Stroke victim wins $14M in birth control case
A Cook County jury has awarded an Elmwood Park woman $14 million dollars because she suffered a severe stroke after taking a controversial birth control medication for just two weeks.
Mariola Zapalski, 37, suffered a permanent brain injury and is wheel-chair bound, requiring 24-hour care.
Her lawyer says Zapalski took the birth control medication, Yasmin, for 13-days before she suffered the stroke.
She sued her prescribing doctor, Dr. Zbigniew Aniol, of Chicago and Resurrection Medical Center.
Sarah King, Zapalski’s lawyer, says Aniol prescribed Yasmin to Zapalski on her first visit with him. King says Aniol was not aware of other medical issues Zapalski had and did not know the risk associated with Yasmin.
The Clifford Law Office said that earlier this year a $2.5 million settlement was reached with Resurrection Medical Center in the same case.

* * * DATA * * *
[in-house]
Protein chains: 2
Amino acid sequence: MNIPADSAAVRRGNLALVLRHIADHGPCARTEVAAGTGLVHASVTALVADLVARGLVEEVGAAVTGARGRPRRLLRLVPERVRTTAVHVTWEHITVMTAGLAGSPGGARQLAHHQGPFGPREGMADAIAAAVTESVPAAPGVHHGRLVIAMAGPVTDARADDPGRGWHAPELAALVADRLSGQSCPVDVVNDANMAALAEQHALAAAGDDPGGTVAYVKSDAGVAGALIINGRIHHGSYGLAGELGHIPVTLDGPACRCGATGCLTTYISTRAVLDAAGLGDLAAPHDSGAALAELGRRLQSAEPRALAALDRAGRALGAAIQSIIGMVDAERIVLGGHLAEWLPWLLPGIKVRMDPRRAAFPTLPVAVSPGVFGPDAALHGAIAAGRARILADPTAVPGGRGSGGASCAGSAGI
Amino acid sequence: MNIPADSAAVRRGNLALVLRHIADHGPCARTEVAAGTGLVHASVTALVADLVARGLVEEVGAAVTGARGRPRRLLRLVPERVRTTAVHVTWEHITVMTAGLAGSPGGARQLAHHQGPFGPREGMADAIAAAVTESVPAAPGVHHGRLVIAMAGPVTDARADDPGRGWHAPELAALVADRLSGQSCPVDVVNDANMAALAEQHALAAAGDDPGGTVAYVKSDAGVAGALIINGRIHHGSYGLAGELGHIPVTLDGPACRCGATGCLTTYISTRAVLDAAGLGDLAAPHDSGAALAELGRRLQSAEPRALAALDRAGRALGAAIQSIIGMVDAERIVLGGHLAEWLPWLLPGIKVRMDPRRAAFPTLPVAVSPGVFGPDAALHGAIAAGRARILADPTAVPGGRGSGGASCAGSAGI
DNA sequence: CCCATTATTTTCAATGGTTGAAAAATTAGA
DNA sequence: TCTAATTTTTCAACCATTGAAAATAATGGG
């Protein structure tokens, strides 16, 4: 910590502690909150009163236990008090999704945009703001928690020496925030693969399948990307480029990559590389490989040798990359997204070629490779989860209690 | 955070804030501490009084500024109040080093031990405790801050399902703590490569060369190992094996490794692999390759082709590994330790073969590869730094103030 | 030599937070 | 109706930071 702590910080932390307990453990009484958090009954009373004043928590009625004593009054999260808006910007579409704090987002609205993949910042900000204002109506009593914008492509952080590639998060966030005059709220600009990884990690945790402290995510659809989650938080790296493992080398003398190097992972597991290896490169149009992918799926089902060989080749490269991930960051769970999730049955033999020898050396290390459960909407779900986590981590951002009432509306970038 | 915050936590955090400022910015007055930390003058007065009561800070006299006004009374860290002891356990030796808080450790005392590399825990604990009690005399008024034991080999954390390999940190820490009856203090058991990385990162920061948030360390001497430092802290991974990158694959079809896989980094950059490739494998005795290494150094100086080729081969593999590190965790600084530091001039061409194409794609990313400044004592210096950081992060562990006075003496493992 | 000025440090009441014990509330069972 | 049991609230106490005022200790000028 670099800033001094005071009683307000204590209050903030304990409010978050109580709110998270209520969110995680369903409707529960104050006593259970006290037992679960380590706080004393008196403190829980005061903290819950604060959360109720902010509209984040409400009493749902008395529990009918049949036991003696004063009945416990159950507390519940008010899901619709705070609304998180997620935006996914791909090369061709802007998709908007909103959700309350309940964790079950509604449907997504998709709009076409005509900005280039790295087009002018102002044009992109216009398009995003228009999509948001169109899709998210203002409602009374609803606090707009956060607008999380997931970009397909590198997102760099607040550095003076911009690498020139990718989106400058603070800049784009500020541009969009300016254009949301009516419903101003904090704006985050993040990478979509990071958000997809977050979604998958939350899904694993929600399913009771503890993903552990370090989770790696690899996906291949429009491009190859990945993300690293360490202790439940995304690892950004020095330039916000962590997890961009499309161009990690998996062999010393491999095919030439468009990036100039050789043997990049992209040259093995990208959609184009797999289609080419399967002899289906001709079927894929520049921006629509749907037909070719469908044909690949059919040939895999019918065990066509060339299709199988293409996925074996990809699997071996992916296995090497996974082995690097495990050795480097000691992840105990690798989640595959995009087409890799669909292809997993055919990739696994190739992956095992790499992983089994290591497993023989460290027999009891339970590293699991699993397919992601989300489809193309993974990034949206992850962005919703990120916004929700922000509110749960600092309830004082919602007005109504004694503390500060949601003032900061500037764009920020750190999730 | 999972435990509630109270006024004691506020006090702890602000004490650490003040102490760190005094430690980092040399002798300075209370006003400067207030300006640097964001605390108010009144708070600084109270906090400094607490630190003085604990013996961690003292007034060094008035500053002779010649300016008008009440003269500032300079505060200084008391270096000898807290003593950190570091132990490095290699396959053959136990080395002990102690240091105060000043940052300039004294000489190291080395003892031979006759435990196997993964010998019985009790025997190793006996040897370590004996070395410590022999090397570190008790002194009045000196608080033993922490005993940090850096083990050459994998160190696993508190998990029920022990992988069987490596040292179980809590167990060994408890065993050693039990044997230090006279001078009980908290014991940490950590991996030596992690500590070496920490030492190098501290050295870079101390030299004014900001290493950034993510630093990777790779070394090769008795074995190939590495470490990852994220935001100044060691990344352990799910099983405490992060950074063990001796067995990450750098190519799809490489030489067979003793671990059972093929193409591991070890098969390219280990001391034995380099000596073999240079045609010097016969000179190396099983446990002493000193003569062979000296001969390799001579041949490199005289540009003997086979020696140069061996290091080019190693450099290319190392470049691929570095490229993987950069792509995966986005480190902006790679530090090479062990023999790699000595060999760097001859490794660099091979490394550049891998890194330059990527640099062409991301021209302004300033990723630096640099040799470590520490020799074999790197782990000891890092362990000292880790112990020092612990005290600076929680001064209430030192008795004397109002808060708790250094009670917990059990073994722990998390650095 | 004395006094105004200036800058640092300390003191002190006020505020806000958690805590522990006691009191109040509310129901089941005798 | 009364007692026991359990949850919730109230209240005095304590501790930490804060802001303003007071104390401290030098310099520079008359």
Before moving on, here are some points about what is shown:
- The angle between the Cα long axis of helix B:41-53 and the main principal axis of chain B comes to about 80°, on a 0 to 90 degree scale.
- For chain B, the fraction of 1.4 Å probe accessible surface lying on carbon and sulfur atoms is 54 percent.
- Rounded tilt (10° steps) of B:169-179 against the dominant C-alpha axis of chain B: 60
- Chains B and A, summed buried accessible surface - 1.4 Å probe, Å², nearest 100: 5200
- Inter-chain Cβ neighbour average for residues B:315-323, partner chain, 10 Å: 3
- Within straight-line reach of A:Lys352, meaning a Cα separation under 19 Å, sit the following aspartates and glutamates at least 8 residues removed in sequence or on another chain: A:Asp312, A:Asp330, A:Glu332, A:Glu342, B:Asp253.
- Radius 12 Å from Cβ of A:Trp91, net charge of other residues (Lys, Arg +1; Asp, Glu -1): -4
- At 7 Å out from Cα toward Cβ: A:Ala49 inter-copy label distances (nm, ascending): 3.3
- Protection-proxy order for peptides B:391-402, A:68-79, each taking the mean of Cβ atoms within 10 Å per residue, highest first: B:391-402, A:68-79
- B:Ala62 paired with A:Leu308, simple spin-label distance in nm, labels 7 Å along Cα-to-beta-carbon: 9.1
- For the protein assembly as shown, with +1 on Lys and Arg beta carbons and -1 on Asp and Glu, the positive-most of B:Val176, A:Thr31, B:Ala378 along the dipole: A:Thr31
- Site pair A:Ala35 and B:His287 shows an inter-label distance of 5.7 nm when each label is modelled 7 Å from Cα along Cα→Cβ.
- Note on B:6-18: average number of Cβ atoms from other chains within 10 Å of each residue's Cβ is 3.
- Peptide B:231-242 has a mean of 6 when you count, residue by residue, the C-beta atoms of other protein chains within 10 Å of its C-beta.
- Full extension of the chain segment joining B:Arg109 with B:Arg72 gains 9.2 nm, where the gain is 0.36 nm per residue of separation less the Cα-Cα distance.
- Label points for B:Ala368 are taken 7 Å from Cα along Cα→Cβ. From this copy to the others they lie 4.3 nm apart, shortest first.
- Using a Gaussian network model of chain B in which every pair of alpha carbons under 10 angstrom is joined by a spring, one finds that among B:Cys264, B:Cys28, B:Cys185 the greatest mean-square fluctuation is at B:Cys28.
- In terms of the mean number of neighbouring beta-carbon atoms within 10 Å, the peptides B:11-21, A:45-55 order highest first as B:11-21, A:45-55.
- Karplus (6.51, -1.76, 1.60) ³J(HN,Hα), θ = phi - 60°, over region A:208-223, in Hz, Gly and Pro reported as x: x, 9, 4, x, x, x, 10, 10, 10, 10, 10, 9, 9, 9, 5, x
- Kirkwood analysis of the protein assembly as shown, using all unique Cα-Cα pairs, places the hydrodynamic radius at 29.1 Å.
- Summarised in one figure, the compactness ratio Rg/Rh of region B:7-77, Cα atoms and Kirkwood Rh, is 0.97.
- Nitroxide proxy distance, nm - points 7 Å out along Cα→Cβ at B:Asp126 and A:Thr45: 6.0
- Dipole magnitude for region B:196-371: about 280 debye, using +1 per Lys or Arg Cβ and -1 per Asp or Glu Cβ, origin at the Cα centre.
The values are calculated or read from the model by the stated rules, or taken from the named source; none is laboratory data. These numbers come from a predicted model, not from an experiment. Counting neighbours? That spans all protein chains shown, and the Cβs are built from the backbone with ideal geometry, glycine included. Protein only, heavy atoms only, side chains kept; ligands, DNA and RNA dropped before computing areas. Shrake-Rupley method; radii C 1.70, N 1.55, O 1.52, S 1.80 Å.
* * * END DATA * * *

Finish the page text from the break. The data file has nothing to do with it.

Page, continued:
Yasmin and other pills containing the hormone drospirenone have drawn a flood of litigation over reports of deaths, strokes, pulmonary embolisms, gallbladder disease, elevated potassium levels and other problems.
Bayer Healthcare Pharmaceuticals, the leading manufacturer of the drugs, has settled more than 8,000 claims from U.S. plaintiffs for a total of $1.4 billion.
Last year, after reviewing the studies on the risk of blood clots, the FDA changed the prescription information for birth control pills containing drospirenone.
The revised labels explain that the medications may be associated with a higher risk of blood clots than contraceptives containing other hormones.